Efficiency, Temperatures And Noise
Our efficiency testing procedure is detailed here.
Using the results from the previous page, we plotted a chart showing the efficiency of the SX500-LG at low loads and at loads equal to 10 to 110 percent of the PSU's maximum rated capacity.
If we take into account its compact form factor, which imposes some limitations, the SX500-LG fared well against its ATX competition. Compared to its SFX siblings, it was behind the SX600-G at normal loads. At light loads, however, it managed to take the lead. Although the difference in efficiency at normal loads with 230V input was significant, with 115V, the SX500-LG was slightly ahead (0.6 percent).
Efficiency At Low Loads
In the next tests, we measured the efficiency of the SX500-LG at loads significantly lower than 10 percent of the device's maximum capacity (the lowest load the 80 PLUS standard measures). The loads we dialed were 20, 40, 60 and 80W. This is important to represent when a PC is idle with power-saving features turned on.
|Test||12V (A/V)||5V (A/V)||3.3V (A/V)||5VSB (A/V)||Power DC/AC (W)||Efficiency (%)||Fan Speed (RPM)||Fan NoisedB(A)||PF/AC (V)|
At low loads, efficiency was high, with three out of the four tests passing the 80 percent mark. In addition, the PSU was almost inaudible; it stayed below 30 dB even during the last test, which was conducted at an ambient temperature of close to 40 degrees C (104 degrees F).
The ATX specifications state that 5VSB standby supply efficiency should be as high as possible, recommending 50 percent or higher for a load of 100mA, 60 percent or higher for a load of 250mA and 70 percent or higher for a load of 1A or more.
We take four measurements: one each at 100mA, 250mA and 1000mA, along with the full load the 5VSB rail can handle.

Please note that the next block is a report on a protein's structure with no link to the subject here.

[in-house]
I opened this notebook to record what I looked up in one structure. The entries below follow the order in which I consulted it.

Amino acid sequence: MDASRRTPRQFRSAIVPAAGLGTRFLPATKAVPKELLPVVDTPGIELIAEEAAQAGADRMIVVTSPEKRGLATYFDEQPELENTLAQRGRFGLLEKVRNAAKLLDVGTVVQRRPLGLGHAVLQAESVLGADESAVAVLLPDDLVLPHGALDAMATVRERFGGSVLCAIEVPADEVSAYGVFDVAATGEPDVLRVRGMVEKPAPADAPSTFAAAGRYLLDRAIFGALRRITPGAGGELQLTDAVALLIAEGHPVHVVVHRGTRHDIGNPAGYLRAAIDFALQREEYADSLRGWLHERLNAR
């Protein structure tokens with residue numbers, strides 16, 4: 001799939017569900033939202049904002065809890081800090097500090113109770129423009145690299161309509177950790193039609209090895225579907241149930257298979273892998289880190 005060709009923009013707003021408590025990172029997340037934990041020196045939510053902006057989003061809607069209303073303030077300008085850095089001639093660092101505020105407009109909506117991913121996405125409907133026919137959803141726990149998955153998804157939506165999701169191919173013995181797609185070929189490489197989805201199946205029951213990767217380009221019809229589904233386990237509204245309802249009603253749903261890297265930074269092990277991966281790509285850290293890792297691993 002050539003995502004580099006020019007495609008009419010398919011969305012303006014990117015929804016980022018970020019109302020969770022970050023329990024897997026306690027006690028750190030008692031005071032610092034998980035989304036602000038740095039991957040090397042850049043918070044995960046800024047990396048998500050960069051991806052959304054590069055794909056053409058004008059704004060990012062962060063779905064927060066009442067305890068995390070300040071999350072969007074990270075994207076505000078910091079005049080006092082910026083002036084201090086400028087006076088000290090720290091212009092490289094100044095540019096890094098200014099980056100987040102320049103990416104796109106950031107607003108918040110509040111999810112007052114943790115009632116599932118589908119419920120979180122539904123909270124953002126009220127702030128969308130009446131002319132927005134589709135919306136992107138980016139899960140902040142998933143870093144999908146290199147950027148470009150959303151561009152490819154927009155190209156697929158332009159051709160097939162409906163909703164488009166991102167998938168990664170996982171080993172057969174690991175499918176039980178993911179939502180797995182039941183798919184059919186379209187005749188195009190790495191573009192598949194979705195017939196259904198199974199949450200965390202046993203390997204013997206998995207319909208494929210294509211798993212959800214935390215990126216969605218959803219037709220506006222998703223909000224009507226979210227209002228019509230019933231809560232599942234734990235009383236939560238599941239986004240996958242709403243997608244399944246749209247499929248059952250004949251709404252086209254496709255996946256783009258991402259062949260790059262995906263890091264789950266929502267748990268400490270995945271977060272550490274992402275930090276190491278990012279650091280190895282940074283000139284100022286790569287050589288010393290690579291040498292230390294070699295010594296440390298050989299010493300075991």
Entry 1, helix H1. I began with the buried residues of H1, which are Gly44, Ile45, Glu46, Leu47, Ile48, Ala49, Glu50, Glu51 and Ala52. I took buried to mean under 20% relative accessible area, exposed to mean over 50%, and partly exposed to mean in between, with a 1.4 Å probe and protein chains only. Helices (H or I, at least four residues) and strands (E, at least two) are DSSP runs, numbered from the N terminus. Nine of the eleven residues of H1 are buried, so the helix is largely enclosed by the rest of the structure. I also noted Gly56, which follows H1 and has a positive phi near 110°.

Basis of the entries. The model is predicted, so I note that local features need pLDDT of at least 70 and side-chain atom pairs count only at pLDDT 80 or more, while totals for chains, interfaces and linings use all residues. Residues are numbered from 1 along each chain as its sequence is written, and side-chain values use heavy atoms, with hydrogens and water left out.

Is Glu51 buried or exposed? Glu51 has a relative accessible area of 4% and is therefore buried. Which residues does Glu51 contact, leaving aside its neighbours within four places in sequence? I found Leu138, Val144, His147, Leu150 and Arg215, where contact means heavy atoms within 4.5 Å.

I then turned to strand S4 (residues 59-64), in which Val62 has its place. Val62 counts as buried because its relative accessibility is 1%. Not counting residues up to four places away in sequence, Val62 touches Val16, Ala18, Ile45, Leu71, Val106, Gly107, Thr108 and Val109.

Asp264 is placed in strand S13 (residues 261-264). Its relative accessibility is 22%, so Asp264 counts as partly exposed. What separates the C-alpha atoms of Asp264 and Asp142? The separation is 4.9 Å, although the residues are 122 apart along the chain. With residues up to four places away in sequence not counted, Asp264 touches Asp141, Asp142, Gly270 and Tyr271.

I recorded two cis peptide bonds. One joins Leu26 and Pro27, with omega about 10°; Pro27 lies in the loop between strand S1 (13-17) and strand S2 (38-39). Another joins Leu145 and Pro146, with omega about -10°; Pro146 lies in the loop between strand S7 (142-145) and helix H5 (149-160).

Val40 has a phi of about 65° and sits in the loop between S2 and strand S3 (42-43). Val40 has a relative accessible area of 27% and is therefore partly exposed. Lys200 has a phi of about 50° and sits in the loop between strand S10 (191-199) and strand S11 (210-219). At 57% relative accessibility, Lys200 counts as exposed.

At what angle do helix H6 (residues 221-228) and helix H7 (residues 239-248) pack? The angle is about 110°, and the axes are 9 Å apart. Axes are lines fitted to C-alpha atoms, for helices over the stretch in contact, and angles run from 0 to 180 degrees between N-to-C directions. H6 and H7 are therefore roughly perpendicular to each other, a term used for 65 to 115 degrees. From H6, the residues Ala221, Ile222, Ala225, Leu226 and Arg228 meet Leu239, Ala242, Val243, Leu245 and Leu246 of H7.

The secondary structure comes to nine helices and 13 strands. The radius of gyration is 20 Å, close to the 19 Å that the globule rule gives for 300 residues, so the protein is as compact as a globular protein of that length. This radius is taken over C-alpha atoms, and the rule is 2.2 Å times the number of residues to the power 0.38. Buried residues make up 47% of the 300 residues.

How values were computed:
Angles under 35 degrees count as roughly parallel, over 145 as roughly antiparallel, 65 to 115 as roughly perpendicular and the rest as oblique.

|Test||5VSB (A/V)||Power DC/AC (W)||Efficiency (%)||PF/AC (V)|
Although 115V efficiency on the 5VSB rail was pretty good, we cannot say the same for 230V. Nonetheless, the SX500-LG performed much better than the SX600-G, which has even smaller dimensions and thus is subject to more limitations.
Power Consumption In Idle And Standby
|Mode||12V||5V||3.3V||5VSB||Power (AC)||PF/AC Volts|
In the table above, you can see the power consumption and voltage values of all of the rails (except 12V) when the PSU is idle (powered on, but without any load on its rails), and the power consumption when the PSU is in standby mode (without any load at 5VSB).
In standby mode, the PSU consumes only 0.11W, and with 230V, the power consumption increases to 0.25W. That's still half of the maximum consumption set by the ErP Lot 6 2013.
Fan RPM, Delta Temperature And Output Noise
Our mixed noise testing is described in detail here.
The following chart illustrates the cooling fan's speed (RPMs), and the delta between input and output temperature. The results were obtained at an ambient temperature between 37 and 45 degrees C (99 to 113 degrees F).
The next chart shows the cooling fan's speed (RPMs) and output noise. We measured acoustics from one meter away, inside a small, custom-made anechoic chamber with internals completely covered in soundproofing material (be quiet! Noise Absorber kit). Background noise inside the anechoic chamber was below 18 dB(A) during testing, and the results were obtained with the PSU operating at an ambient temperature of 37 to 45 degrees C.
The following graph illustrates the fan's output noise over the PSU's entire operating range. The same conditions of the above graph apply to our measurements, but the ambient temperature was between 28 and 30 degrees C (82 to 86 degrees F).
At loads of up to about 250W, the PSU is dead silent, whereas with typical loads, it is about 28 to 31 dB. Therefore, its output noise most likely will be covered up by the noise of the rest of the system components. In a worst-case scenario under full load, the noise reaches about 40 dB, which is still low enough for a compact PSU with 500W of capacity.